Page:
Nehama (med_cat) wrote in 1word1day,

Friday phrase: Sotto voce

sotto voce (soh-toh voh-chi), adv. or adj., in an undertone, in a low voice

When you say something sotto voce, you say it very quietly. If you're unsure of the lyrics, you can also sing a song sotto voce.

This handy Italian phrase can be used as an adverb: "'Don't look now, but there's an alpaca behind you,' she said sotto voce."

It's also fine to use it as an adjective: "I liked the sotto voce part of your karaoke performance best."

Sotto voce, literally "under the voice," comes from the Latin words subtus, "below," and vocem, "voice."

This is where I saw it, a couple days ago:

I wrote the column for Life letting readers know who I was. It appeared. At the time it seemed an unexceptional enough eight hundred words in the assigned genre, but there was, at the end of the second paragraph, a line so out of synch with the entire Life mode of self-presentation that it might as well have suggested abduction by space aliens:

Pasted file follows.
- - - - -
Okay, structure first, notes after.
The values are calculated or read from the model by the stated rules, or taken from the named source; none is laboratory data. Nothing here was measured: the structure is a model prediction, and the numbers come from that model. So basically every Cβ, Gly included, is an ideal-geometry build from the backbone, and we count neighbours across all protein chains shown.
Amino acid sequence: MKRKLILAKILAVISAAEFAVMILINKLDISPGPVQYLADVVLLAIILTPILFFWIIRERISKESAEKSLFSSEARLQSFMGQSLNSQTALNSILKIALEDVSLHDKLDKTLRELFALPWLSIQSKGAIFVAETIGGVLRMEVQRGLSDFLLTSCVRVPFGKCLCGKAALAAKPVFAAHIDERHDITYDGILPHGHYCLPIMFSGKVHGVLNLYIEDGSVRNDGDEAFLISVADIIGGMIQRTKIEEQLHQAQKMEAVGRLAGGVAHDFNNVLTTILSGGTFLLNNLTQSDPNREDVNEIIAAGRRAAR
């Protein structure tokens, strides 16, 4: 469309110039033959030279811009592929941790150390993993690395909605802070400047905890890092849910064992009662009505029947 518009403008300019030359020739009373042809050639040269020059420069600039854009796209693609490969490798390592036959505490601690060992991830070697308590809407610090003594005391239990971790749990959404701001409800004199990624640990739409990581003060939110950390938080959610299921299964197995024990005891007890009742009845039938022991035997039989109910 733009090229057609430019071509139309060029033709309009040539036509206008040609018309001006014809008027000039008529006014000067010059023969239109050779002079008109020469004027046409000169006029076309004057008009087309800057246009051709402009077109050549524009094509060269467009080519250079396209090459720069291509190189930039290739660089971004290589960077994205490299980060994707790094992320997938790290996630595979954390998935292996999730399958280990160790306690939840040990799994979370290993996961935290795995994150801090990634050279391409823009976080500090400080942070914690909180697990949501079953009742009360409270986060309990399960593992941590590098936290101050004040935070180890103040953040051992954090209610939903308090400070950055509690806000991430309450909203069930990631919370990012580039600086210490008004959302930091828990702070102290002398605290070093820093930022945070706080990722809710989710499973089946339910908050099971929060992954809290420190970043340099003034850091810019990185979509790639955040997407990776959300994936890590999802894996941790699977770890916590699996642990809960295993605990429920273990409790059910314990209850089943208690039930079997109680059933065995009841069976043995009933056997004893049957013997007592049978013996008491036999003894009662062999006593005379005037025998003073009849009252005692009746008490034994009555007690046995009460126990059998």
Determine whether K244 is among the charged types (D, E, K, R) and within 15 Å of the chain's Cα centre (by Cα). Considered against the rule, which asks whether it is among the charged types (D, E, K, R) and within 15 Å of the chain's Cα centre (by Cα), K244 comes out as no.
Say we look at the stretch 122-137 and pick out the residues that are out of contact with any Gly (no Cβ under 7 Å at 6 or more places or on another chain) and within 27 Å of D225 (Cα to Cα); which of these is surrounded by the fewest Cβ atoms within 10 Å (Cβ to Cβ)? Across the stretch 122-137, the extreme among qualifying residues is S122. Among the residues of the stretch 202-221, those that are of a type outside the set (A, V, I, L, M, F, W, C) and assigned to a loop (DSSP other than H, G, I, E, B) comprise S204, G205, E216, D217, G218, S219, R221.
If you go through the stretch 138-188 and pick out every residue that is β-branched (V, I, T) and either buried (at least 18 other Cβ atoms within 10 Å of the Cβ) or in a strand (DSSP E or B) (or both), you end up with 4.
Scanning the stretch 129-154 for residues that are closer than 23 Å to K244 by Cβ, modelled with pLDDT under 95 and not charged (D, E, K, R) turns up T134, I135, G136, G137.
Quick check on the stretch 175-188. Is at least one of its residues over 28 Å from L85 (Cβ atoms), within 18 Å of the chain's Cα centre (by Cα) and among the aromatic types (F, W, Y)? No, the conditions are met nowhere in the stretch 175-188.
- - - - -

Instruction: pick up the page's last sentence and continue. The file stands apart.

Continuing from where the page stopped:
"We are here on this island in the middle of the Pacific in lieu of filing for divorce."

A week later we happened to be in New York.

"Did you know she was writing it," many people asked John [the author's husband], sotto voce.

Did he know I was writing it?

He edited it.

He took Quintana [their daughter] to the Honolulu Zoo so I could rewrite it.

He drove me to the Western Union office in downtown Honolulu so I could file it.

(from Joan Didion's memoir, "The Year of Magical Thinking")

Other examples:

I did tell you, he says, sotto voce.
The Guardian Sep 15, 2018

At all hours, young men invite you sotto voce to a “coffee shop” à la Amsterdam.
The Guardian
Aug 30, 2018

Root, according to a witness, leaned toward friends and suggested sotto voce that they all cut away for cocktails.
The Devil in the White City

Cockburn produced a special edition of the Week devoted to the conference, reporting what was being said sotto voce by the delegates.
The Guardian Dec 3, 2017

Tags: italian, latin, phrase, s, wordsmith: med_cat

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